Mayoral candidates discuss differences, similarities

Published: Monday, October 21, 2013 at 09:00 AM.

Sanders said his biggest concern about Havelock is instability in Washington and Congress’ inability to fund the military and repairs of equipment.

“Those things are frustrating but they are opportunities,” Sanders said. “We just need to remember that in 2005, when we had the last BRAC, Havelock was in no position to accept people to do a new mission at Cherry Point. We had hundreds of gallons of sewerage and we needed hundreds of thousands of gallons. We dodged that bullet, and Cherry Point came away with only minimal damage, but today is a new day. We’re ready. We’ve got the sewer capacity. We’re got the water capacity. We’ve got the infrastructure that would be needed to accept new missions at Cherry Point. I believe that ultimately Cherry Point is going to be a winner. Cherry Point is the crown jewel of the Navy and the Marine Corps on the East Coast, period.”

Sanders said the need for military spousal employment “is something that has dogged us for some time,” but said the board was working on plans for a new business park on the city’s west end that would have access to the railroad, U.S. 70 and the port at Morehead City.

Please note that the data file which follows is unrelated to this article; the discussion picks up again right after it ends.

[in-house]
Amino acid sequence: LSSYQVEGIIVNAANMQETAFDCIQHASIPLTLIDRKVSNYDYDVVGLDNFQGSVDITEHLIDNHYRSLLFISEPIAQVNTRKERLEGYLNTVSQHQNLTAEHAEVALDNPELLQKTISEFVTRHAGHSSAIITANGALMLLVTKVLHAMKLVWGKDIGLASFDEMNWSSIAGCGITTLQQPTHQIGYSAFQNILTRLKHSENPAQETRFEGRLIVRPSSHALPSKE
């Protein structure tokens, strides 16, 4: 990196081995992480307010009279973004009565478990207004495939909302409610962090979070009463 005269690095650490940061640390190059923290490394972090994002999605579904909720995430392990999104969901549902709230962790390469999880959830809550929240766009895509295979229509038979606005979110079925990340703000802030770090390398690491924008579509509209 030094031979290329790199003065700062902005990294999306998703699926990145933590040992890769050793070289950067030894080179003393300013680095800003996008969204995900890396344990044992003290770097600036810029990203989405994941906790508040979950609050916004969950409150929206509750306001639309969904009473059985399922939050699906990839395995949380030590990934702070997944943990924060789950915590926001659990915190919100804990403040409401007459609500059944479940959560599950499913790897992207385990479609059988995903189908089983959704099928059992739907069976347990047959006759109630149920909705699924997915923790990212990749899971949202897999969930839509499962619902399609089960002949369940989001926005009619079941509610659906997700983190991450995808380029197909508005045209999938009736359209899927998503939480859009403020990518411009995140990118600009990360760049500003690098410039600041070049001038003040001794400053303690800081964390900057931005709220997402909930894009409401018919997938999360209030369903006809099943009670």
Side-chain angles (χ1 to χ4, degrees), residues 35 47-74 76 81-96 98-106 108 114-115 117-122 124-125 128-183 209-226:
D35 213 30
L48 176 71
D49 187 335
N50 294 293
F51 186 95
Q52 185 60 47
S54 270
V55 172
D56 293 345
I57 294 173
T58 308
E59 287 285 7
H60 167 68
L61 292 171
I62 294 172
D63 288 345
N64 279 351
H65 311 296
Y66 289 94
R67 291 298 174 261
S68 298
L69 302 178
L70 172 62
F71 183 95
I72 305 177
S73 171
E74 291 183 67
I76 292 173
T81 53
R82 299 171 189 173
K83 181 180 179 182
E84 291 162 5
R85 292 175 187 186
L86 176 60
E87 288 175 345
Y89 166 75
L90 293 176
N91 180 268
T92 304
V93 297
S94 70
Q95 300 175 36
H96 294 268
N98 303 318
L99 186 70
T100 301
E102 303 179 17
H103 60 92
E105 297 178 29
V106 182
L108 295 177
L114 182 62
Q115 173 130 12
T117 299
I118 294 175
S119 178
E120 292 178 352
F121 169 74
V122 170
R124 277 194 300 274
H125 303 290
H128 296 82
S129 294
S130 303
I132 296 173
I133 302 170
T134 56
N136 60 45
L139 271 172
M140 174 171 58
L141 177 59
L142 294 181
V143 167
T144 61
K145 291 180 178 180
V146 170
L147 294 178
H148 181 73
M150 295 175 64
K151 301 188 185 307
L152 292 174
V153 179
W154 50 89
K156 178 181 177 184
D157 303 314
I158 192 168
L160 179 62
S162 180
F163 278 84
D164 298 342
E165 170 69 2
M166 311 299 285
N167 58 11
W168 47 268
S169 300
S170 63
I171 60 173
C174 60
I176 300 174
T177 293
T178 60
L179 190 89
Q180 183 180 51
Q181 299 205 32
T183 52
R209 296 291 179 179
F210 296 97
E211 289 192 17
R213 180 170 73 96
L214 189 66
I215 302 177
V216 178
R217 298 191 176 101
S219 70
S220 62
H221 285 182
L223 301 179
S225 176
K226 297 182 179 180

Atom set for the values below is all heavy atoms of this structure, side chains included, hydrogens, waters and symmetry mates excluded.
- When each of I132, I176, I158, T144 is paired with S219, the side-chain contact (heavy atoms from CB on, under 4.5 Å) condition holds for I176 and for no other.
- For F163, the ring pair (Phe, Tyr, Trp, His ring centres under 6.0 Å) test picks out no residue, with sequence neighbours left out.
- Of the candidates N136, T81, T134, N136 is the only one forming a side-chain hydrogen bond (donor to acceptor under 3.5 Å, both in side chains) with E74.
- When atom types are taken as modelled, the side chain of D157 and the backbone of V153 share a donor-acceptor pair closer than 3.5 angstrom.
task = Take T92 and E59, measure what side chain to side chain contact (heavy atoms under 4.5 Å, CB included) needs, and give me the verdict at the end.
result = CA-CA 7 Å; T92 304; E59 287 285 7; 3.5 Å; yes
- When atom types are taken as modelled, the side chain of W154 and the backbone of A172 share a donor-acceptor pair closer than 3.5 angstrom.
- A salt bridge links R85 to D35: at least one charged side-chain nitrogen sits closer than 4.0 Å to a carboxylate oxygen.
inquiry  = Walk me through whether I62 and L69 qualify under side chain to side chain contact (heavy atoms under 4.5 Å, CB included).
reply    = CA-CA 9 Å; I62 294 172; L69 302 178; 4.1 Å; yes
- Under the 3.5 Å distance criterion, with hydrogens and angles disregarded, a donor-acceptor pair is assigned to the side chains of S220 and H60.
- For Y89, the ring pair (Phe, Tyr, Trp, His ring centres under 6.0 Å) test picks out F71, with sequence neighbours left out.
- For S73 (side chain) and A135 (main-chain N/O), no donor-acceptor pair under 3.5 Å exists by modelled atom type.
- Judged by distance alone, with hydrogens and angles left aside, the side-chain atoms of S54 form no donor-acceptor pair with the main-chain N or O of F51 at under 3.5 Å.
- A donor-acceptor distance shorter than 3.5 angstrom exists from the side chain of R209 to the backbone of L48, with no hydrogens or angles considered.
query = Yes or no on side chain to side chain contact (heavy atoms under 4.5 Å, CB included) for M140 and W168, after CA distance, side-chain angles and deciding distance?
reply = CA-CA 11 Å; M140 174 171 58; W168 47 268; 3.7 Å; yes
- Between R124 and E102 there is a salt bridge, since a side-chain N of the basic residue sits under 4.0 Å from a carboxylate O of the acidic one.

“I believe that you are going to see some great things happen in Havelock in a relatively short period of time,” Sanders said. “You’ve got to work as hard as you can to protect Cherry Point and FRC while you diversify. You can’t take your eye off the goose that’s laying the golden egg. You cannot slack up on that for one second.”

Lewis said the base is his first and foremost concern.

“We are all very cognizant of the reality of what that is as an economic incentive and asset for us as well as for defense, so one of my huge concerns is the future of that base with the extreme unrest at the federal level and with an ensuing BRAC over the next year or two that we know will happen at some point, sequestration, which has already affected us with furloughs and then we have no idea how they are going to handle furloughs next year,” he said. “We can’t get a budget passed. That list goes on and on.

“For me, what we can do to preserve the future of Cherry Point, everything we look at needs to be about the future, not the past. You’re not going to save it with an old mission. All you’re going to do is just prolong the death, basically. If you can keep your eyes open and focus on future missions, like the unmanned aerial systems, that’s the future of a lot of technology within the military.”

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